The uncertainty and volatility experienced over the last four months has some wondering—what’s gonna happen to the housing market?
The 2007-2008 financial crisis was an awful time for the housing market obviously.
Mortgage delinquencies and foreclosures ensued, and the decrease in residential investment led to a drop in household spending and business investment— in short, a recession.
Whether or not we are currently in a market bubble that will eventually bear the brunt of the pandemic and unemployment remains to be seen.
At the moment, we know that the Home Construction ETF (ITB) sits just below all-time highs in congruence with the overall market.
The SPDR S&P Homebuilders ETF (XHB) and The Invesco Dynamic Building & Construction Portfolio ETF (PKB) are in the same boat.
But today, I want to share with you a few warning signs that could trigger a real estate market collapse.
While it’s not my view that these warning signs will necessarily cause a collapse, I feel that they’re important to be aware of.
In addition to that, I want to share my thoughts on the trading prospects of a building and construction products company, the AZEK Company (AZEK), that conducted its IPO this week.
Surveys by the National Association of Realtors (NAR) indicate that home buyer interest has been reduced by 90% as a result of CONVID-19, although 60% of those surveyed are just delaying decisions until the pandemic clears up.
But if you ask my opinion, I’d have to agree with the two-thirds of buyers (63% according to the NAR) that we can expect lower home prices soon.
A few of the warning signs I have on my radar are these:
Overinflated asset bubbles
As I mentioned already, most of the large home building ETFs are not too far off all-time highs.
It leads me to believe a larger scale correction in these ETFs is still long overdue.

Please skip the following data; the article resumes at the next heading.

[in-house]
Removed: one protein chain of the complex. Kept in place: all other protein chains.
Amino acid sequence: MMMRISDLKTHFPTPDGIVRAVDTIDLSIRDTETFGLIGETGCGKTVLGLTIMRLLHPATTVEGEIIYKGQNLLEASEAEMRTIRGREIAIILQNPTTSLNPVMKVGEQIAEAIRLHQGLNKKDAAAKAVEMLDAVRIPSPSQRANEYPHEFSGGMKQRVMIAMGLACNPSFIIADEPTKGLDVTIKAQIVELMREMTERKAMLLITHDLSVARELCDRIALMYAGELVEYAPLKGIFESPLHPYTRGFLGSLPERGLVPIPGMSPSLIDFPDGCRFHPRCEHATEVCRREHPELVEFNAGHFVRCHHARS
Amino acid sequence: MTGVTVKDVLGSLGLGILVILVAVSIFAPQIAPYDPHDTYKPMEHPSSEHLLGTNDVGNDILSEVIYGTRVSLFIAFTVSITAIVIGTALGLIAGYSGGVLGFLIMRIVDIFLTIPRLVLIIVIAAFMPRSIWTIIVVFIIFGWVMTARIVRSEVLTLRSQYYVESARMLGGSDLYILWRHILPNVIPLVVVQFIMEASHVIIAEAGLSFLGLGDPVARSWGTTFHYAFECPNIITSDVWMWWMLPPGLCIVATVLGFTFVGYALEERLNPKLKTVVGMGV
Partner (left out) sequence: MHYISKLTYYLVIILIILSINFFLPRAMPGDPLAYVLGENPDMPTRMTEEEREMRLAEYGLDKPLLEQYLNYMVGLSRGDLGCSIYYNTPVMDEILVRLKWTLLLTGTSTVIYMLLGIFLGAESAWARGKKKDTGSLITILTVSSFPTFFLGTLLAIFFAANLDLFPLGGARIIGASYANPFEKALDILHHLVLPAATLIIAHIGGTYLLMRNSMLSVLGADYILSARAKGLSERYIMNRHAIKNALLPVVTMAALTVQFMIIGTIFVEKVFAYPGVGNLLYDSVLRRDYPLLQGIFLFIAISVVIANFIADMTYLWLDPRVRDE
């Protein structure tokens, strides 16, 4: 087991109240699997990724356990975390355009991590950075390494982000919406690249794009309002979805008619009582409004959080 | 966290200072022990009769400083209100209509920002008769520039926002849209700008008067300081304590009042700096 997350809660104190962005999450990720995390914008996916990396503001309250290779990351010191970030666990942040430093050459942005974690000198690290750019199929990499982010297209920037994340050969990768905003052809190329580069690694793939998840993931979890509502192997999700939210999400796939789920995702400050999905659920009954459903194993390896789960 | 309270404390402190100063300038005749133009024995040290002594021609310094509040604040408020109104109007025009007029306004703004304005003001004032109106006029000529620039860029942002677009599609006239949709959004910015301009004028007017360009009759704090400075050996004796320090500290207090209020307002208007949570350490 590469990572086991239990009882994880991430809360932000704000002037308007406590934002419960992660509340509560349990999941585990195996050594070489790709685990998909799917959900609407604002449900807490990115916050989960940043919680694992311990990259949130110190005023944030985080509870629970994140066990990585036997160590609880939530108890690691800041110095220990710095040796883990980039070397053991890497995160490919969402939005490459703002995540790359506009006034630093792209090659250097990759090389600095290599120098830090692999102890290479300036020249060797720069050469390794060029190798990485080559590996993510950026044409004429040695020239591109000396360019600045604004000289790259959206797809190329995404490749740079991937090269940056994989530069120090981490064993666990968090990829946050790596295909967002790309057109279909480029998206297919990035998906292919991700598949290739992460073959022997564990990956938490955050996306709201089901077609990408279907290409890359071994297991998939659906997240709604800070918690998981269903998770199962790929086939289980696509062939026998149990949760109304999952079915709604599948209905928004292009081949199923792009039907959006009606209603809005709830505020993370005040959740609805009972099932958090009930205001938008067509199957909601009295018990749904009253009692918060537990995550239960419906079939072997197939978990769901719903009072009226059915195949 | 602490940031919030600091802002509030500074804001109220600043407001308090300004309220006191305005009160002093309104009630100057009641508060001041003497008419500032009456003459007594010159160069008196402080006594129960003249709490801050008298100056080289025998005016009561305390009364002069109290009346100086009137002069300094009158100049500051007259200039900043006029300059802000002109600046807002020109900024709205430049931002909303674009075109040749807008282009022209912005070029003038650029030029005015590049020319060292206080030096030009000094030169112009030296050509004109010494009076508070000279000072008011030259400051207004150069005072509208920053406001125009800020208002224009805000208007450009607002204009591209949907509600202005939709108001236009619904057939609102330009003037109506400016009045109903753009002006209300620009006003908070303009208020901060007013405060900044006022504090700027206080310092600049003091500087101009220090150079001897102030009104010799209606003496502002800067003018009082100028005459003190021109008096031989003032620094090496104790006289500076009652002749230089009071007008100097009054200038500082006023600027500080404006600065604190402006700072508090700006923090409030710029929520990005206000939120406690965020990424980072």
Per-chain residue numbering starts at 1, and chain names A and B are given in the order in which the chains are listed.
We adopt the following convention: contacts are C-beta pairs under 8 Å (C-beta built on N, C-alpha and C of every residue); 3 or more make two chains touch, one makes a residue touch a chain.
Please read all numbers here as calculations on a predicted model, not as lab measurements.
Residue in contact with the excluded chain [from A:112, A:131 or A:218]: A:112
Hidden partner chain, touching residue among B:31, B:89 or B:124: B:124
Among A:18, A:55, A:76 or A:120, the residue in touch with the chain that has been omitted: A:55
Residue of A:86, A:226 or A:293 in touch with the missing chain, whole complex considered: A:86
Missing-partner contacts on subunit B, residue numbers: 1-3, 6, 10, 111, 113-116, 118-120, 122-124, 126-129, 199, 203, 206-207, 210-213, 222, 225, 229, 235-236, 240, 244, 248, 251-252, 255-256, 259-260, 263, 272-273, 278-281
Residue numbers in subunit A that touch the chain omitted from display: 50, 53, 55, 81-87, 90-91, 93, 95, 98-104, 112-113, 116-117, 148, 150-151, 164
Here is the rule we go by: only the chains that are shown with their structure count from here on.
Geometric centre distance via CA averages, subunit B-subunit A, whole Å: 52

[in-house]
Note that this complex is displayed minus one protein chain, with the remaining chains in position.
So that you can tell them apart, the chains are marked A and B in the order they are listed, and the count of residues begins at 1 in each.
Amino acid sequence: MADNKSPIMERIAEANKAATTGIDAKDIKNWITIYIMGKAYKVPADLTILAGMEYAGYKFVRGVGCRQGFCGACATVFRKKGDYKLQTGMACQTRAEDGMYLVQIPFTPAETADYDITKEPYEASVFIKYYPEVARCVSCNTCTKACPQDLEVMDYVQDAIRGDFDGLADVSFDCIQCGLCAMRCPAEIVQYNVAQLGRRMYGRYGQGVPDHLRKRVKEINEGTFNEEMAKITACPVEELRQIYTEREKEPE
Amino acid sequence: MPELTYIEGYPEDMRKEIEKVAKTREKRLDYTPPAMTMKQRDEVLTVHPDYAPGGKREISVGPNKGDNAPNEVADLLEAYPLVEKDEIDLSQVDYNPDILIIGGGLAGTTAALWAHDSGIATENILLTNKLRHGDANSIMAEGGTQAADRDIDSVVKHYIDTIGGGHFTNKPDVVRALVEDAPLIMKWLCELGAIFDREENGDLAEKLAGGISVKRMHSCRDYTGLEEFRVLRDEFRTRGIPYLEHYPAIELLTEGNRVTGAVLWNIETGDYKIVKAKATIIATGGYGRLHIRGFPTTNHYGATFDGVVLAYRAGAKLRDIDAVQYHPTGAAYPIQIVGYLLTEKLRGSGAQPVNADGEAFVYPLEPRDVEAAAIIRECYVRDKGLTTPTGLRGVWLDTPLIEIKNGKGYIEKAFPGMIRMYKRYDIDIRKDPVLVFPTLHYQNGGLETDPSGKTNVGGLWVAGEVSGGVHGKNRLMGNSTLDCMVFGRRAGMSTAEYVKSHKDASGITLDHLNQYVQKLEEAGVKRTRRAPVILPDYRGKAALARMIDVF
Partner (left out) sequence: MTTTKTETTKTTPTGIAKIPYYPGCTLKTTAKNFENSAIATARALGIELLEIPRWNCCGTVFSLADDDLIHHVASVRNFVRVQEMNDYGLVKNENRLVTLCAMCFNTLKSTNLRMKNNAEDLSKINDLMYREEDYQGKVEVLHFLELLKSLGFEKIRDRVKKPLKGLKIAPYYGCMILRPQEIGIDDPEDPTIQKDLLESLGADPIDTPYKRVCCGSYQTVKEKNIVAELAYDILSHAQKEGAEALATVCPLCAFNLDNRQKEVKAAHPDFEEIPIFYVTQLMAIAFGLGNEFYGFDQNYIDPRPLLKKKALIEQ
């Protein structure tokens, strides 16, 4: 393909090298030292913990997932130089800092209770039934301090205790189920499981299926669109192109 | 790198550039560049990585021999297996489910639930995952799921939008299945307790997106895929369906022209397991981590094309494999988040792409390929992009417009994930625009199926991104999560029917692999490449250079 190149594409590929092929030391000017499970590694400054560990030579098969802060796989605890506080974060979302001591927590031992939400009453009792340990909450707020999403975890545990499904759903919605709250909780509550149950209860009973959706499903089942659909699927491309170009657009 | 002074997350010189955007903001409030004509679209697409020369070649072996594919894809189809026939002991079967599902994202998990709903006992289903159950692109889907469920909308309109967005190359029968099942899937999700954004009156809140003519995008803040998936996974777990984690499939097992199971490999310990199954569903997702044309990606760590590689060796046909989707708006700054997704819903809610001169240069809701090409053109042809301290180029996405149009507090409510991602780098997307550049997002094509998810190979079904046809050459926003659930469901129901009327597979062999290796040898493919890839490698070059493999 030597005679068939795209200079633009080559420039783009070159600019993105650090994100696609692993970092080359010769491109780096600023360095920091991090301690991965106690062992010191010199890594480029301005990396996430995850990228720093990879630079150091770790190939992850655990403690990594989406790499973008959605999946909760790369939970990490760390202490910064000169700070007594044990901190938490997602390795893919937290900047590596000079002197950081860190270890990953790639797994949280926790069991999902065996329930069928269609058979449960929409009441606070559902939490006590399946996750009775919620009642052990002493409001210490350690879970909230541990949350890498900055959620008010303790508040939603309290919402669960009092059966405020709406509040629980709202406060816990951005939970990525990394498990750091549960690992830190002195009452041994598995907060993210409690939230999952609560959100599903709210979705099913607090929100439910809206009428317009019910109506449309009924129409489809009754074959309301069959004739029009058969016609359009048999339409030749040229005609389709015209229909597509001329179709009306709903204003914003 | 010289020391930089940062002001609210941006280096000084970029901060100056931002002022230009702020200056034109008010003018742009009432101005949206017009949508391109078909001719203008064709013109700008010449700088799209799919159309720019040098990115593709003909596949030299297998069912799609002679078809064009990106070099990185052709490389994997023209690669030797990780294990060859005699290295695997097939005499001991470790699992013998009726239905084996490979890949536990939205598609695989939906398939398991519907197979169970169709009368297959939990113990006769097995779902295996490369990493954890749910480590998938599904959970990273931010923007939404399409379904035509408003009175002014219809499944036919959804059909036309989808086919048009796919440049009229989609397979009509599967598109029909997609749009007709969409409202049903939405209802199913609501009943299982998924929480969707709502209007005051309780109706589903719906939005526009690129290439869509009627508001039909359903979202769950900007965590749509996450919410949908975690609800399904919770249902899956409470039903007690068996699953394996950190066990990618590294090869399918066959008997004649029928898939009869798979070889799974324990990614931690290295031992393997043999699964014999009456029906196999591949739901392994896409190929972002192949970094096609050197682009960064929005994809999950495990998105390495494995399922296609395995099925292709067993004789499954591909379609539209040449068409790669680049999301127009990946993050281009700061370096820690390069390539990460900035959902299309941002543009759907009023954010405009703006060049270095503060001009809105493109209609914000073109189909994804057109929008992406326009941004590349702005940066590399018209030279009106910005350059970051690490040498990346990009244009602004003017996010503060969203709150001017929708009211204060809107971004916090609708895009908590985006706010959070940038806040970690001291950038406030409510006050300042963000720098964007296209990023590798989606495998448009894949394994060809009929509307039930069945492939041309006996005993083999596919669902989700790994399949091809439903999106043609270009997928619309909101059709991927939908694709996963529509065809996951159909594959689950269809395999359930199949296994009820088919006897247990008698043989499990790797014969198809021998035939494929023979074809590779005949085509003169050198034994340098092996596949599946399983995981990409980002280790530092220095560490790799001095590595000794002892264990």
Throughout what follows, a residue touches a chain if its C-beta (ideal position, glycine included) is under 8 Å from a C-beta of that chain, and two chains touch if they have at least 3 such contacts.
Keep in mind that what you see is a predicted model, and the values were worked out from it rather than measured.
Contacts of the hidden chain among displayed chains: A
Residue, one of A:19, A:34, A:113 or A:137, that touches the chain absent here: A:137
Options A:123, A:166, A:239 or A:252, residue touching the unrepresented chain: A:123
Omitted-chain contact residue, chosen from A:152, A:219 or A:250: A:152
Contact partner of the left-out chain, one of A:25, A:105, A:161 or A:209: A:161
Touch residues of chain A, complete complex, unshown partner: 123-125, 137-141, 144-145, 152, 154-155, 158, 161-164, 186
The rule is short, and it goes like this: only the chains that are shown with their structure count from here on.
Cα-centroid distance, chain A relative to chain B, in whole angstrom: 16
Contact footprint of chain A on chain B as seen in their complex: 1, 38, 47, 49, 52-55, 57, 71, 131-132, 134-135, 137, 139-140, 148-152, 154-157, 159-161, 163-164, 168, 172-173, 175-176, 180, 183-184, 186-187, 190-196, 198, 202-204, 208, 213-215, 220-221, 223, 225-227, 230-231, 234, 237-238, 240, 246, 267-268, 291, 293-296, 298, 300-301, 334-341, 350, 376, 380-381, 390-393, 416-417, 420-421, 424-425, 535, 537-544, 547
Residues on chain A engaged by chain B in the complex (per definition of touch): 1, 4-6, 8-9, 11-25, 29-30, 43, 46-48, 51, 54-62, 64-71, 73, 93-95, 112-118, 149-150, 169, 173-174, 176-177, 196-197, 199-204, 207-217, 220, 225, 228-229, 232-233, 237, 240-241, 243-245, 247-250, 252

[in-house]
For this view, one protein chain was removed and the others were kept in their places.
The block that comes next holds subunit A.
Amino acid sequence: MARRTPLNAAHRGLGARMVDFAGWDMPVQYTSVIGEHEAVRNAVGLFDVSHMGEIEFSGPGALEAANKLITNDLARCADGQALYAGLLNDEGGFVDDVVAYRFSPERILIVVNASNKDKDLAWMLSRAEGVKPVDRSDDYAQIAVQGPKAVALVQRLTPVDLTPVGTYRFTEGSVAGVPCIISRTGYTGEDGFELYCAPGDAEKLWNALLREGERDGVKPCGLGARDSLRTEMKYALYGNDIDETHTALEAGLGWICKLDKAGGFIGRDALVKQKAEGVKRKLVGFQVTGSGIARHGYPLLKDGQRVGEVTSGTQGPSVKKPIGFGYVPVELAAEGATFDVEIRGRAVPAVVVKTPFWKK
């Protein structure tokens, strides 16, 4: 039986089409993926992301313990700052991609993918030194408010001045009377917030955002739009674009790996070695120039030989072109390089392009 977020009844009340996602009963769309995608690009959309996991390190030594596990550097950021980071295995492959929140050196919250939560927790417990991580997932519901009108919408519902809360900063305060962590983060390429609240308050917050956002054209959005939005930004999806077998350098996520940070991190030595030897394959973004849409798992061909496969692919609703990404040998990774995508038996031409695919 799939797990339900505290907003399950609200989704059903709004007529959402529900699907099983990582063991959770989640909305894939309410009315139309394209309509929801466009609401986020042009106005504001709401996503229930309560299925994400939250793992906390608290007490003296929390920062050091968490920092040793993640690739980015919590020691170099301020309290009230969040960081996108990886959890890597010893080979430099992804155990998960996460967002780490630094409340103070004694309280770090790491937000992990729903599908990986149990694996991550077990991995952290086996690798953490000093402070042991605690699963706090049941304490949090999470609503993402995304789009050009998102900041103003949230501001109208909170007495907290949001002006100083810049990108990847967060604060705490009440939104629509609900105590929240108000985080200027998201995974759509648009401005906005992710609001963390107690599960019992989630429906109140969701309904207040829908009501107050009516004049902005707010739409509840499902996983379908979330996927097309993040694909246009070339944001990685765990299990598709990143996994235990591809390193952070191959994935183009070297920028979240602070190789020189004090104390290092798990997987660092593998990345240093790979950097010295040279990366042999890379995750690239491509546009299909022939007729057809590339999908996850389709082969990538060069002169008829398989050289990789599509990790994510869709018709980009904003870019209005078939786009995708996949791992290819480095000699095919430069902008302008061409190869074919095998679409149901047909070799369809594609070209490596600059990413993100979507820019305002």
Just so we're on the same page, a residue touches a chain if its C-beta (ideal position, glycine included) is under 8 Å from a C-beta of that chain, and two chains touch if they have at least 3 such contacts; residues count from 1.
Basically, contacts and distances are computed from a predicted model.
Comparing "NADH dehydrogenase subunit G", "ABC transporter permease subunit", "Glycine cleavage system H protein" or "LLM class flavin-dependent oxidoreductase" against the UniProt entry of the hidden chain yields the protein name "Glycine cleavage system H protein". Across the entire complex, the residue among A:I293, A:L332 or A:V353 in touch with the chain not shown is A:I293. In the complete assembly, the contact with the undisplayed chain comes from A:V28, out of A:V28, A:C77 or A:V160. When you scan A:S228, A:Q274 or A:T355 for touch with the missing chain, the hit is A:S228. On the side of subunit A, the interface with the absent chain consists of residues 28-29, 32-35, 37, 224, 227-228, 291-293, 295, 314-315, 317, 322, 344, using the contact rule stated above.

Lack of Regulation Among Mortgage Brokers
The number of unregulated mortgage brokers has been increasing.
53% of U.S. brokers are unregulated as of 2018 and many of the top mortgage lenders in the U.S. aren’t even banks.
Interest Rates Changes
While the current drop in interest rates to zero should help the housing market just as much as business, it’s nevertheless something we should keep our eye out for.
In theory, the Fed will eventually have to raise its interest rates again to unwind the massive balance sheet it built up in after the 2008 housing crisis— and more recently, the pandemic.
The AZEK Company Will IPO Bravely With It’s Beautiful and Ecofriendly Building Products
The AZEK company, based in Chicago, IL, is an industry leading manufacturer of building products that are not only low-maintenance but also gorgeous and sustainable.
These building materials are intended in large part for homes, but also for commercial businesses.
The company has over 100 patents across both of these spaces.
A few of their leading categories of products include trim, decking, and railing.
Source: The AZEK Company
Some of their products are even quite innovative. They developed a proprietary PaintPro technology to ensure better and faster point adhesion.
The company is also committed to the use of recycled materials, which is something we can all appreciate.
The fact that their products strike a balance between being stylish and sustainable is what sets the company apart.
As part of their path forward, AZEK plans to continue engineering new products that could drive more customer acquisition.
AZEK Remains A Short-Term Only Trading Prospect For Me
AZEK recently set terms for a $625 million IPO.
They plan to offer 31.3 million shares at a price range of $19 to $21.
The midpoint of that range would yield a market value of $2.8 billion.
On the books for the 12 months that ended in March 31st of 2020 is a solid $848 million in revenue.
The company has a number of bookrunners including Barclays, BofA Securities, Goldman Sachs, Jefferies, Citi, Credit Suisse, Deutsche Bank, and RBC Capital Markets.
Whether or not I decide to trade AZEK, I can guarantee at the very least that it will be a short-term trade.
Given some of the potential warning signs in the housing market, I won’t be holding the stock long-term.